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BOARD/COMMISSION RECOMMENDATION Human Rights Commission Recommendation Number 20200622-002b: Reallocate funding from the Austin Police Department WHEREAS, Officers in The Austin Police Department have repeatedly used excessive force on camera without repercussions; and, WHEREAS, The murder of Mike Ramos by Officer Christopher Taylor is apparent via video evidence when viewed by an unbiased observer; and, WHEREAS, Austin Police Department has a widespread reputation of being more likely to use excessive force than Texas' other large jurisdictions; and, WHEREAS, in the City of Austin Human Rights Community Budget forum, citizens of Austin provided the most consistent feedback this commission has received regarding budgetary concerns and implored us to express to City Council that the Austin Police Department budget should be reduced; and APD funding should be re-directed to Black and Brown communities that have faced brutal trauma from centuries of systemic racism from the police and other institutions; and, WHEREAS, on April 29th, 2019, the Human Rights Commission unanimously voted to send recommendation number 20190429-003b: Fiscal Year 2020 Budget to City Council, and this recommendation in part recommended the City of Austin law enforcement strategy be refocused from traditional policing and criminalization, which has led in the past to over policing in minority communities, toward a greater reliance on diversionary, preventative, and rehabilitation programs. We also indicated this focus should include but not be limited to the diversion of funds into such programs that curb crime before it happens; and, WHEREAS, on April 29th, 2019, the Human Rights Commission unanimously voted to send recommendation number 20190429-003b: Fiscal Year 2020 Budget to City Council, and this recommendation in part recommended the City of Austin deeply analyze the number of victims services counselors, mental health officers and other staff associated with the diversion of activity that is criminal on the surface, to evaluate whether more funds should be allocated to fund these positions. A deeper analysis than requiring a certain number of police officers per year citizen is required; and,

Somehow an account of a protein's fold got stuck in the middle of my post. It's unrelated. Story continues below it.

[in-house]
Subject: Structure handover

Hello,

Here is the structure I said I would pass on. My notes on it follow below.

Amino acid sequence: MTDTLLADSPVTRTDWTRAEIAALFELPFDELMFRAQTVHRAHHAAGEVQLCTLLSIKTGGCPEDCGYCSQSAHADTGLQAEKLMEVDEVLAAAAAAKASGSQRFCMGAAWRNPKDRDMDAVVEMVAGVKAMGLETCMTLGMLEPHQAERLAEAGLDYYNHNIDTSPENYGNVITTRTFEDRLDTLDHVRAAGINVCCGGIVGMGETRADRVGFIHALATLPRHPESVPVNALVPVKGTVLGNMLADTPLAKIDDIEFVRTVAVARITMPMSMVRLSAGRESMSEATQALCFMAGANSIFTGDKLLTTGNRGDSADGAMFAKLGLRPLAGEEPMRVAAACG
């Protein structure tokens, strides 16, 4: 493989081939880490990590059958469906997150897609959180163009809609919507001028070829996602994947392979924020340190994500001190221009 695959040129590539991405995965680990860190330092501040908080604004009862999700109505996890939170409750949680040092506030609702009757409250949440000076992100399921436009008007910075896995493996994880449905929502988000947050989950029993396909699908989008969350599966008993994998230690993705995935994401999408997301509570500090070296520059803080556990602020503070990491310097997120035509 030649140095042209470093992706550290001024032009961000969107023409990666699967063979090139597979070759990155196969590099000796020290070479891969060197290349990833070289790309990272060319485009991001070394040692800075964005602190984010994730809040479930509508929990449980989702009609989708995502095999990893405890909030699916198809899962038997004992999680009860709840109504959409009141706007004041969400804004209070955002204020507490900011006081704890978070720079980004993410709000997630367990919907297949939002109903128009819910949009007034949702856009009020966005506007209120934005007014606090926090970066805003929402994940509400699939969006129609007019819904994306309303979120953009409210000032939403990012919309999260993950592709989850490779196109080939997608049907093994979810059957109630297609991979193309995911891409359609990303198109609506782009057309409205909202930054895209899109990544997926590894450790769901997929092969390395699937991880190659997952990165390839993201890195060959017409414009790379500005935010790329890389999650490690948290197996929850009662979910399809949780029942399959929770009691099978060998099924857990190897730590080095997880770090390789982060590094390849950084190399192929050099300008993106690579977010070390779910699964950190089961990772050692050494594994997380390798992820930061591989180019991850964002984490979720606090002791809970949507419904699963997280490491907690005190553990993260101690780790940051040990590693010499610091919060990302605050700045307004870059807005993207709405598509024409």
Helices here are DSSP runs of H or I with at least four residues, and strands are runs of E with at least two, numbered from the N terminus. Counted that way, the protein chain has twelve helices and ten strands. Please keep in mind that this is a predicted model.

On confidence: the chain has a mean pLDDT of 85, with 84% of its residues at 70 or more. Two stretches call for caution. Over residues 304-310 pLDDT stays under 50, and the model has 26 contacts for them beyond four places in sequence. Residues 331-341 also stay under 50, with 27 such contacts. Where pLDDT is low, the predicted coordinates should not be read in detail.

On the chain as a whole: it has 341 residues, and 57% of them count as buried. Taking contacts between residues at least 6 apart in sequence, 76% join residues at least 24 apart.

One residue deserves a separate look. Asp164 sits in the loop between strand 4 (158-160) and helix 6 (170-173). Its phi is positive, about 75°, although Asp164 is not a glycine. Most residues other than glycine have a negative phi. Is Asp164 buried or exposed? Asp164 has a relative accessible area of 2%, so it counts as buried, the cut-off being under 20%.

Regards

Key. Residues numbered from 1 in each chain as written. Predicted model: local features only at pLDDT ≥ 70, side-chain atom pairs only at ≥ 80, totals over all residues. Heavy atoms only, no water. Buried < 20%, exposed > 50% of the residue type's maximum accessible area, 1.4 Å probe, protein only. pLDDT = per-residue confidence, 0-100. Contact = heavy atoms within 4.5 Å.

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June 22, 2020